RenaissanceRe Holdings Ltd.

RNR

Silicon Laboratories

SLAB

Stericycle, Inc.

SRCL

Transatlantic Holdings, Inc.

TRH

United States Cellular Corpora

USM

White Mountains Insurance Group

WTM

*A few stocks were excluded from the list due to being already reported on in the article called "7 Very Uncommon Growth Stocks."

Actionable Entry Points

1. GHL is making a new 52 week low. It has broken through support of $60, with the next support range around $52.50. The dividends currently exceed earnings, which can negatively erode share value. The earnings are expected to climb back up quite high over the next couple of years. Time will tell and I'm nervous about the short-term price action on this one.

2. If you like to trade high-momentum stocks, those that have greatly outperformed last year, then take note of the following stocks: CYBX, MSTR, DMND, ABVT, MJN, and SRCL. The momentum anomaly that is backed by much empirical data is that stocks which outperformed the market during the trailing 12 months will continue to ‘beat the market' over the succeeding 12 months. Stocks down over the past 12 months are SLAB, GHL, DVOX, and ACY.

3. Low debt can allow a stock to position a stock very well to make excess gain. One report noted that smaller stocks (in the S&P 500 test sample) with low debt ratios actually made market excess gains of 80% over three years. You can read about the strategy here in the Seeking Alpha article, "Does Debt Financing Affect Future Stock Price Performance?" Stocks on the above list with very low "debt to equity" or low "long-term debt to equity" are the following: PEET, CYBX, MSTR, POWL, ABVT, MORN, and SLAB.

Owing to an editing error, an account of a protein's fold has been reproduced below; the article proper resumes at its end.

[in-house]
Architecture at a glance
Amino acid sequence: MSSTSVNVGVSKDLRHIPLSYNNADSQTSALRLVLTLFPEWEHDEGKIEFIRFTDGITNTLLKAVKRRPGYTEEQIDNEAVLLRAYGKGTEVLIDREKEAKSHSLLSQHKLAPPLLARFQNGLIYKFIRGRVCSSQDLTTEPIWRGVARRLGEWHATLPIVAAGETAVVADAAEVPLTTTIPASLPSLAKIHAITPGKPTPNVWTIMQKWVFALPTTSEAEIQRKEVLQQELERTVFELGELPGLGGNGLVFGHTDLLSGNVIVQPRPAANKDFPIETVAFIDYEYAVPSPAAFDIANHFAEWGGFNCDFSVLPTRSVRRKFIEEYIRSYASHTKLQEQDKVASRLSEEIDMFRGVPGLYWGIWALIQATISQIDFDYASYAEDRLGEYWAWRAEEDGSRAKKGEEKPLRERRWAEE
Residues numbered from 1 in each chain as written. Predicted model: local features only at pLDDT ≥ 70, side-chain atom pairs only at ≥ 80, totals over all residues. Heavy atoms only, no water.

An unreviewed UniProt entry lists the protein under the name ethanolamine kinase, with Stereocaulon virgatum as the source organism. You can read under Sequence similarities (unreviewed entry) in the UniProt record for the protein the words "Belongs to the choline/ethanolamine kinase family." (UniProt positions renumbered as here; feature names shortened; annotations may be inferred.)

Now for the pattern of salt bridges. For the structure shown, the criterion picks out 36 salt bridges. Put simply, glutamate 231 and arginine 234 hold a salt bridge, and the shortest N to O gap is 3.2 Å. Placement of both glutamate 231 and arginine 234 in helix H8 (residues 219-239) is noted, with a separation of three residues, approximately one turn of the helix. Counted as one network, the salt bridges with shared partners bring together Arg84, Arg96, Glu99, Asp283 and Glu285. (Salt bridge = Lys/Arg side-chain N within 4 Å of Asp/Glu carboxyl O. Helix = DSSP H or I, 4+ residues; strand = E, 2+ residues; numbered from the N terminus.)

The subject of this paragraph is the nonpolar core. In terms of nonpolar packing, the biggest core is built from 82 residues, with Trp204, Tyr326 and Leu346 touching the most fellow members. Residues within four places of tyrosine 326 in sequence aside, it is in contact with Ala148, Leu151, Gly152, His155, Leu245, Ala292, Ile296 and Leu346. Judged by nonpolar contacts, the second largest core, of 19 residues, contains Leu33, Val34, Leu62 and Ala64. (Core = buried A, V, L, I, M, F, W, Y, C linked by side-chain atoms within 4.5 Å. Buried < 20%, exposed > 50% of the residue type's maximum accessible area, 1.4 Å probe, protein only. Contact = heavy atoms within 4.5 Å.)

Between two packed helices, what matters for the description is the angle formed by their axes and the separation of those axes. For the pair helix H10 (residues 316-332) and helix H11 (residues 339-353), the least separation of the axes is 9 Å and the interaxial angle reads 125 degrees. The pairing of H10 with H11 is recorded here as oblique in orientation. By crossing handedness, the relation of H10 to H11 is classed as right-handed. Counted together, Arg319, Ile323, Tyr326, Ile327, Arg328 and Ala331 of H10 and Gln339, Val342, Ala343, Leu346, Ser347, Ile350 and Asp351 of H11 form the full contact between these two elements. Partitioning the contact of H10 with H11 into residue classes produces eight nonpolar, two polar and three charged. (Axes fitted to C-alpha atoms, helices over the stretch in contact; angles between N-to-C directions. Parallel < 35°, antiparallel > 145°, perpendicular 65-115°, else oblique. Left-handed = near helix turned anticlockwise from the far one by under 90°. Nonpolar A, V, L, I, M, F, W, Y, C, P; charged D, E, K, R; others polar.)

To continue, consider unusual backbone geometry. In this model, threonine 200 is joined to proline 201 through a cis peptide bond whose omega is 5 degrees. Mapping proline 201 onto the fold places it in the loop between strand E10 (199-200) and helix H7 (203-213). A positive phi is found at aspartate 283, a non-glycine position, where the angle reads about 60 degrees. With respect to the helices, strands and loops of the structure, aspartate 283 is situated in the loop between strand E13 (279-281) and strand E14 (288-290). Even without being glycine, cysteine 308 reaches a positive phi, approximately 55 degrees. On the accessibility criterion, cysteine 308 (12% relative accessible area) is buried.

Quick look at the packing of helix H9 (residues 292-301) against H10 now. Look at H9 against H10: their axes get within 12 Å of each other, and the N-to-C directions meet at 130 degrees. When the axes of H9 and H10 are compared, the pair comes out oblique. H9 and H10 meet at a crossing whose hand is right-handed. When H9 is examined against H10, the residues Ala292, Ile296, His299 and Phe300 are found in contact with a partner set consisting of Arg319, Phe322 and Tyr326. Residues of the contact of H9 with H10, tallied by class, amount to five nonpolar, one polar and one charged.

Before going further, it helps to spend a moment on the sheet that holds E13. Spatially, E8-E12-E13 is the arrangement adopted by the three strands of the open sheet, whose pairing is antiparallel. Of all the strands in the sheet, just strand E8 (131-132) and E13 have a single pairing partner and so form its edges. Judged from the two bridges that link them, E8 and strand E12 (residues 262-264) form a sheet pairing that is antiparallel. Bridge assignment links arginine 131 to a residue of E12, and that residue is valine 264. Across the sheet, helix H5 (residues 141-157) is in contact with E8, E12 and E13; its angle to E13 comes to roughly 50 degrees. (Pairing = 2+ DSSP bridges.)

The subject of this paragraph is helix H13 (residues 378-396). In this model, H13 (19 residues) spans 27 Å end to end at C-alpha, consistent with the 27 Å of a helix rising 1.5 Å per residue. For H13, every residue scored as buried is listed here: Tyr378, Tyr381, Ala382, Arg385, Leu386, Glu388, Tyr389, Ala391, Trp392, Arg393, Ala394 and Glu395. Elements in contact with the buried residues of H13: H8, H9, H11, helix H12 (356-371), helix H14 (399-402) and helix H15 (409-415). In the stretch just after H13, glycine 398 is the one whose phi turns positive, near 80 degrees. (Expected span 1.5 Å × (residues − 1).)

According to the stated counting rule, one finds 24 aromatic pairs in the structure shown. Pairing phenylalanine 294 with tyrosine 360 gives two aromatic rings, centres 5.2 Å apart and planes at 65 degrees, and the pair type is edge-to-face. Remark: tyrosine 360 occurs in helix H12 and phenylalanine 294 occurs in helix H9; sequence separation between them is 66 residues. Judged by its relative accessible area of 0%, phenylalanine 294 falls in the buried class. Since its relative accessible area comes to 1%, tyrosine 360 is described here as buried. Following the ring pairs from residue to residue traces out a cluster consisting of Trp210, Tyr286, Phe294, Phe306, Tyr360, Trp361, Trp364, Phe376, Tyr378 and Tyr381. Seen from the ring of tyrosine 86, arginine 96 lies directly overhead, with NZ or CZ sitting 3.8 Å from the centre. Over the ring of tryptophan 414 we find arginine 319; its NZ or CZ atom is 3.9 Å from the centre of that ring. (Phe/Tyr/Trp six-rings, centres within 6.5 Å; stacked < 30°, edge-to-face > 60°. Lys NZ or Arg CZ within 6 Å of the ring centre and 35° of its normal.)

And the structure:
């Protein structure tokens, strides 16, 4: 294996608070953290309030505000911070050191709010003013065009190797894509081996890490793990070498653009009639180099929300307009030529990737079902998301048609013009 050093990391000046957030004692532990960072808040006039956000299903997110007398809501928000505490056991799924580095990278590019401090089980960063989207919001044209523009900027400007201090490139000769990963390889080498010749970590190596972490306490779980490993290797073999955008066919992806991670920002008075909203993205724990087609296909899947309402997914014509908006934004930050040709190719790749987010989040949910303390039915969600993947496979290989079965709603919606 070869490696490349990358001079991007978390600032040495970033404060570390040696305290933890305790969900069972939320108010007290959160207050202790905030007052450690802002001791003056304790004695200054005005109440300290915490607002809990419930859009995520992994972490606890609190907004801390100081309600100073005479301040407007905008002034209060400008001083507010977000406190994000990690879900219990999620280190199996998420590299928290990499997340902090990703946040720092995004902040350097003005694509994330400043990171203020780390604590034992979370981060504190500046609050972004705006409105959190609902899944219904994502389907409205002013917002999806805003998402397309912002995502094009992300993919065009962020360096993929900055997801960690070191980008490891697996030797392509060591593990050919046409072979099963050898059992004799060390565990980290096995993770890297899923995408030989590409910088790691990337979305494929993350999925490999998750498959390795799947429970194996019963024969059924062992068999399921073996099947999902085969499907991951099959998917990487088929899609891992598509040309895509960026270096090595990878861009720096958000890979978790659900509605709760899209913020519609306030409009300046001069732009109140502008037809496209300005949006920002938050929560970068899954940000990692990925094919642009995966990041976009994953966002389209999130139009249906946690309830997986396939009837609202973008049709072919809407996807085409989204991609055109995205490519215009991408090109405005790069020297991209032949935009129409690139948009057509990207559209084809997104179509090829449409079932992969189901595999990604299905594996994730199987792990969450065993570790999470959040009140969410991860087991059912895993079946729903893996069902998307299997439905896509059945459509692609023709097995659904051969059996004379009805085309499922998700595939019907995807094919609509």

4. If you want to follow the French Fama 3 Factor Model, you will want to select the small value stocks in the bunch. Small value stocks internationally outperform large and growth stocks, thus if we pick tiny market caps and low price to book ratios we might see a larger upside reward at the cost of higher risk. These stocks fit the small value profile: ACY, DVOX, IBKC, POWL, and ENH. Be wary of stocks that consistently disappoint in the earnings department such as POWL. They have announced earnings over the last 3 quarters with large negative earnings surprises.

5. Keep a close eye on earnings announcements coming up: USM on May 6th, DVOX and ACY on May 11th, as well as DMND on May 27th. PEET recently beat the street while MSTR disappointed.

Wrap Up
While there are many other actionable entry points, these are a few to get you on your way if you like growth stocks with higher odds of future earnings growth. This is a very broad filter, so you should dig into each stock if you are thinking of investing in it based on the "high forward P/E - negative earnings growth" approach.

I have also found stocks trading at very high multiples with negative earnings growth with absolutely nothing propping it up. Perhaps in these cases it is a growth stock in decline mode where investors have not reacted quickly enough to a negative outlook.

The point is this: start with a broad filter such as this and then do your homework ... there are always unworthy stocks that slip into every scan.

Source: Anticipating Earnings Growth With 27 High Forward P/E Stocks